Say what you want about Maroon 5 and Train, but there is no denying that they certainly know how to put on a show.
Their summer-long tour stopped in Toronto, at the Molson Amphitheatre, on Monday, August 22 for four hours of pure rocking and rolling. Though Gavin DeGraw was scheduled to appear as the opening act, he was replaced by Nikki Jean due to his recent (and bizarre) mugging and getting hit by a cab in New York City.
Though I had been quite excited to see Gavin DeGraw perform, Nikki Jean, clad in a bedazzled blue mini-dress, was an excellent replacement — alternately sassy and sweet, with a great sense of humour and a smooth, soulful voice, she kept the crowd entertained for her allotted half hour. Given her shamelessly silly stage presence, and ability to break down a quasi-rap without so much as a stutter, she actually came across as a slightly classier version of Nicki Minaj.
Maroon 5 kicked off their half of the show just after 8 p.m. with their latest hit, Moves Like Jagger, which got the crowd up and cheering right away. Following with Harder To Breathe, which began with the opening of Kanye West’s Power, it was clear that the set list was going to be essentially devoid of mellow songs.
However, when it came to crowd pleasers, it was clear that Wake Up Call, featuring Adam Levine on the electric guitar, Stutter, and This Love received the largest reception. But it was Won’t Go Home Without You that stole the show for me.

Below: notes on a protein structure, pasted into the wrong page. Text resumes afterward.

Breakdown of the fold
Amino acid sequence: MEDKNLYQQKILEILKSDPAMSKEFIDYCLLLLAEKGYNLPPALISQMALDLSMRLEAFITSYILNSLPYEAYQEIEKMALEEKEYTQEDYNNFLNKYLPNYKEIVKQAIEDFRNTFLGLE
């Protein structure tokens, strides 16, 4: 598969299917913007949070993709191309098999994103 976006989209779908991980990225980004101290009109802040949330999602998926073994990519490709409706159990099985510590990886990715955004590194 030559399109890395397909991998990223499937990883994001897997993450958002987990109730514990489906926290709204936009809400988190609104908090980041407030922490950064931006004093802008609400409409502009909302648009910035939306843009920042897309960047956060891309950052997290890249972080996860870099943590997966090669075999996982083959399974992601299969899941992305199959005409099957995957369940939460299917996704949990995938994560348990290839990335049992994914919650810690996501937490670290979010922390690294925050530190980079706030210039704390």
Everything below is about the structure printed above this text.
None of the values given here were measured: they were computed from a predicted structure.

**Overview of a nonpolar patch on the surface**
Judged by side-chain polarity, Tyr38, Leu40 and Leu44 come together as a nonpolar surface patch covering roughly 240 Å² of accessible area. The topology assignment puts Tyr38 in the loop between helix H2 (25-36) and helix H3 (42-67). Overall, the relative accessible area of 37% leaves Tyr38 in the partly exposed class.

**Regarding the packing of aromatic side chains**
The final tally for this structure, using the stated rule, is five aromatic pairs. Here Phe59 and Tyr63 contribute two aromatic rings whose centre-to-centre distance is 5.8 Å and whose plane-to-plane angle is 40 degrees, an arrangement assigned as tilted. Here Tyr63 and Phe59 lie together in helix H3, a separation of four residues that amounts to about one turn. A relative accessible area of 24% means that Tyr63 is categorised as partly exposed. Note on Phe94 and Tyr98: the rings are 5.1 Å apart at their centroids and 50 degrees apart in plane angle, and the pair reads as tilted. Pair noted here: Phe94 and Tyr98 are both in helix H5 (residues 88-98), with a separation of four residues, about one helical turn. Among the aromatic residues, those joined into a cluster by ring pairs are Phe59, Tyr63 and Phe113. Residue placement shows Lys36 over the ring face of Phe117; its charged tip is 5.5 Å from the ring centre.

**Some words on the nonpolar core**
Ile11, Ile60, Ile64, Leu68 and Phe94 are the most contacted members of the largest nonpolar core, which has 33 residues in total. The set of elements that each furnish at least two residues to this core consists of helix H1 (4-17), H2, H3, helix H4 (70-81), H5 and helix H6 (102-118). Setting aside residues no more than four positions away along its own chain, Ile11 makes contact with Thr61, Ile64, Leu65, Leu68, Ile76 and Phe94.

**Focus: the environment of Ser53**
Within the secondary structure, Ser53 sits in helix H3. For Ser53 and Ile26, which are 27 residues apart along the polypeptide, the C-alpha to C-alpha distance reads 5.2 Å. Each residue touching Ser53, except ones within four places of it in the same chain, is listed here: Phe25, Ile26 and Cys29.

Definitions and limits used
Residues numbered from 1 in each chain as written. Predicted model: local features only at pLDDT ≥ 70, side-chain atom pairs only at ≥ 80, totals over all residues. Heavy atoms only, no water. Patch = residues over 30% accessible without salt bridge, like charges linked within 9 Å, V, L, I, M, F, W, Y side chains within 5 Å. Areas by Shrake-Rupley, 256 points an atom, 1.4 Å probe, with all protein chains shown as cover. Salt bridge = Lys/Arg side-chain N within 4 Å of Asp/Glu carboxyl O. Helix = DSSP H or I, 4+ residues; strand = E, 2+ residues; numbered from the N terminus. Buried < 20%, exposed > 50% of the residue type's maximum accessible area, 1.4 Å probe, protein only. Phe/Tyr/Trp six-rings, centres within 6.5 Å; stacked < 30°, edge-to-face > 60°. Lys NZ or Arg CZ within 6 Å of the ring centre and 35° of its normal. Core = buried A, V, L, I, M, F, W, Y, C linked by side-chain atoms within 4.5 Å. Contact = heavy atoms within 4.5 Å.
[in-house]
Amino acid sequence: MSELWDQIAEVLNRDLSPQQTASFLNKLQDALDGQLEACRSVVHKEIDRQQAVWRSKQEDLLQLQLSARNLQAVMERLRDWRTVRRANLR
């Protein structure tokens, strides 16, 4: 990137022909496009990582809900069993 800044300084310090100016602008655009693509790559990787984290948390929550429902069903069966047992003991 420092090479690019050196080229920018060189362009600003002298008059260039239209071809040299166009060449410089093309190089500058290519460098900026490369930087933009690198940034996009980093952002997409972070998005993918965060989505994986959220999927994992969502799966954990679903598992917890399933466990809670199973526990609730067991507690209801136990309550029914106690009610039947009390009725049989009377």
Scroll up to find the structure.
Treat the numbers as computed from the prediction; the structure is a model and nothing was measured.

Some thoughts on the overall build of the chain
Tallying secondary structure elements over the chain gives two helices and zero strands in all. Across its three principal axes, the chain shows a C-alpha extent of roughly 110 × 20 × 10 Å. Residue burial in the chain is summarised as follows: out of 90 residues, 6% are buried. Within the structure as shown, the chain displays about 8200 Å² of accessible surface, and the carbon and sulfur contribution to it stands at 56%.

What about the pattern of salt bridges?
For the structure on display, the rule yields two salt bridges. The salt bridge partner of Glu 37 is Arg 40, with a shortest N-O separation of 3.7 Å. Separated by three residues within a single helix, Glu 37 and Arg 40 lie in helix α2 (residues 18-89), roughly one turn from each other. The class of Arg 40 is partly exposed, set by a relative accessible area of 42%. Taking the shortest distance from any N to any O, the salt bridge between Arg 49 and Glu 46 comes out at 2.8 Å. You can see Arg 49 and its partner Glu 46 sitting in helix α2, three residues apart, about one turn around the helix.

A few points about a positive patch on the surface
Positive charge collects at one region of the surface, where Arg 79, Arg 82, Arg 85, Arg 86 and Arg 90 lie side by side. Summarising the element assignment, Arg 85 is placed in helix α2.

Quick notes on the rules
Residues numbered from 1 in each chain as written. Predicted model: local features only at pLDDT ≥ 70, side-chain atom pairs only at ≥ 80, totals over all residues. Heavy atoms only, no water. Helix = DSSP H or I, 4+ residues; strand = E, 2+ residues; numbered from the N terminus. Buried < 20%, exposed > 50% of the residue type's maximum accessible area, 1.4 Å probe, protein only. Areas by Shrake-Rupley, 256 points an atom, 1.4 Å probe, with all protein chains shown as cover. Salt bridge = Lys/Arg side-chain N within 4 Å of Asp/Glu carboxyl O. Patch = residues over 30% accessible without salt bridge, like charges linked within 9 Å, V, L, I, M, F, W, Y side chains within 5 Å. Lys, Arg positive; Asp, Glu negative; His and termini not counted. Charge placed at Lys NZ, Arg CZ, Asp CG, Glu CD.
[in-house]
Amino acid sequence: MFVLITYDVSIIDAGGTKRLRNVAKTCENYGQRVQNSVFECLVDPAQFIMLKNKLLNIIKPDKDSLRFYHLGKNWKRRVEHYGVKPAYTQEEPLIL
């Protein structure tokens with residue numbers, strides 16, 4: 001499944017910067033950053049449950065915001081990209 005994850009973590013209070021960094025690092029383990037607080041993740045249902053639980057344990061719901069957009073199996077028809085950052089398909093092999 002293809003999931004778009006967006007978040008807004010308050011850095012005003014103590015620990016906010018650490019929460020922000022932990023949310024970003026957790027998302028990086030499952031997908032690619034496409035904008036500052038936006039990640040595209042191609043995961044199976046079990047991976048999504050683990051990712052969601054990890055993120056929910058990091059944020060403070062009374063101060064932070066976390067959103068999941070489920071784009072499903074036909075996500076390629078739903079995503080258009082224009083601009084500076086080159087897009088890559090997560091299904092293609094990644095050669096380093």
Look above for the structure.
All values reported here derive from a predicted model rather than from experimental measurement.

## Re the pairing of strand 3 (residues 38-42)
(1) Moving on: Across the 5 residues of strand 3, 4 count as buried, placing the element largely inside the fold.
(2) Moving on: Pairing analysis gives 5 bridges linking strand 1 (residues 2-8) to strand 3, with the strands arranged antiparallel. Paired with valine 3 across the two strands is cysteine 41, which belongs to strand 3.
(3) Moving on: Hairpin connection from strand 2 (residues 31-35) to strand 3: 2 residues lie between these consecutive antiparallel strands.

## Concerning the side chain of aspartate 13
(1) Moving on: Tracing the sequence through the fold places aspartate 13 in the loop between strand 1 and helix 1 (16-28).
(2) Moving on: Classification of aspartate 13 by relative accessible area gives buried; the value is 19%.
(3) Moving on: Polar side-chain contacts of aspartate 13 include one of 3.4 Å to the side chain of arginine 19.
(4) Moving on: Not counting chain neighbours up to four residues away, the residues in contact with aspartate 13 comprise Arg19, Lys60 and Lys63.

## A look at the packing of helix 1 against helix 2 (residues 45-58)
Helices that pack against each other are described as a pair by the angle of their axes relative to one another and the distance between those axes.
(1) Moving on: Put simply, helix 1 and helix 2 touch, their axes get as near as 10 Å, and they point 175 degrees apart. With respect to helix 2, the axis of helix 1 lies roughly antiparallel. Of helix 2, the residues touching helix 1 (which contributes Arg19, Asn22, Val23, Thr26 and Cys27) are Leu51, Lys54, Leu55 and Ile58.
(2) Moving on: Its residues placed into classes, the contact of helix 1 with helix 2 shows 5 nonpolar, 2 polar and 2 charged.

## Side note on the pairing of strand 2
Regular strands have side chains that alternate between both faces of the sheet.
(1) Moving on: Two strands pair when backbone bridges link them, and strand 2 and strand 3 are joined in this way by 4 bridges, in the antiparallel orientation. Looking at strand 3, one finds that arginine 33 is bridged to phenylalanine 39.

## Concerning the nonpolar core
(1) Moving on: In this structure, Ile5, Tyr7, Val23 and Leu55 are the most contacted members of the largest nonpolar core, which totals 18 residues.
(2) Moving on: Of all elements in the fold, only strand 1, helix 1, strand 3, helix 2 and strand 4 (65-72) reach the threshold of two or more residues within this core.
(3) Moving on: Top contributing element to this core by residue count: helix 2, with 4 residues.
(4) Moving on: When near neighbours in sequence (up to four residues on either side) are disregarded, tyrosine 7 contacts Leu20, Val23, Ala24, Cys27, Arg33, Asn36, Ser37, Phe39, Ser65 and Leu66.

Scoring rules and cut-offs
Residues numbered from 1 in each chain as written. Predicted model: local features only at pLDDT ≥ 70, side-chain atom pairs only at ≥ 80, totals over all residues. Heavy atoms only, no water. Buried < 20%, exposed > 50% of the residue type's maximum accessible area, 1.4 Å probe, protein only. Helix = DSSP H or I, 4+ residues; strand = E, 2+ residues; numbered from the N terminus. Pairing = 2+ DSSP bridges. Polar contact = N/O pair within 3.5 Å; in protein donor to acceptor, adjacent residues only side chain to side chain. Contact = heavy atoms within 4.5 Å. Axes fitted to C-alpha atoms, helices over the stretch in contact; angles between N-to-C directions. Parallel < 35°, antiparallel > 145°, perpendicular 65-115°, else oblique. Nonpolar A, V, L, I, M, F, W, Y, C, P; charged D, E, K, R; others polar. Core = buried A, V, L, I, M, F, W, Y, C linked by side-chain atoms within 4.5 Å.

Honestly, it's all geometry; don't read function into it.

The band was, unquestionably, at their best, opening the show with four or five songs that faded into each other, with no break for water. Levine knew how to get the audience giggling, drawing laughter from the crowd when he admitted his biggest concern was getting up on stage and belting out one of Train’s songs. “That’s the problem with touring with Train,” he said, before beginning the band’s encore performance of She Will Be Loved. “I get their shit stuck in my head!”
He then proceeded to “remix” his final song with a riff of Train’s Hey, Soul Sister.
Though I knew very little of Train’s songs, barring two songs, I was wowed by their half of the concert. Including If It’s Love, a sweet but upbeat number that included a lyrics video on the amphitheatre’s big screen, in their first three songs was one of their best decisions, resulting in a sing-along that even included audience members who didn’t know the words (i.e. me).
Pat Monahan, Train’s frontman, was delightfully unconventional and unexpectedly funny, inviting “Train-ettes” up onto the stage to sing with him (and then poke fun of them afterwards), and making his way through the audience during the band’s slowest and most beautiful song, Marry Me. He was even game enough to engage in a salsa dance with his only female bandmate.
Save Me, San Francisco, the title track of their newest album, and their encore performance of Drops of Jupiter, were the undisputed top performances. (Let’s face it, having Pat Monahan direct you to yell “oh hell no!” is going to be the best moment.) However, there was no denying the collective anticipation to hear Hey, Soul Sister (and the spirited sing-along that ensued when it was finally performed).
I have no trouble saying that this was the best concert I have ever attended. If you have the opportunity to see either band, I suggest doing it.
(This article was published in the Sept. 2011 issue of the Ryerson Free Press.)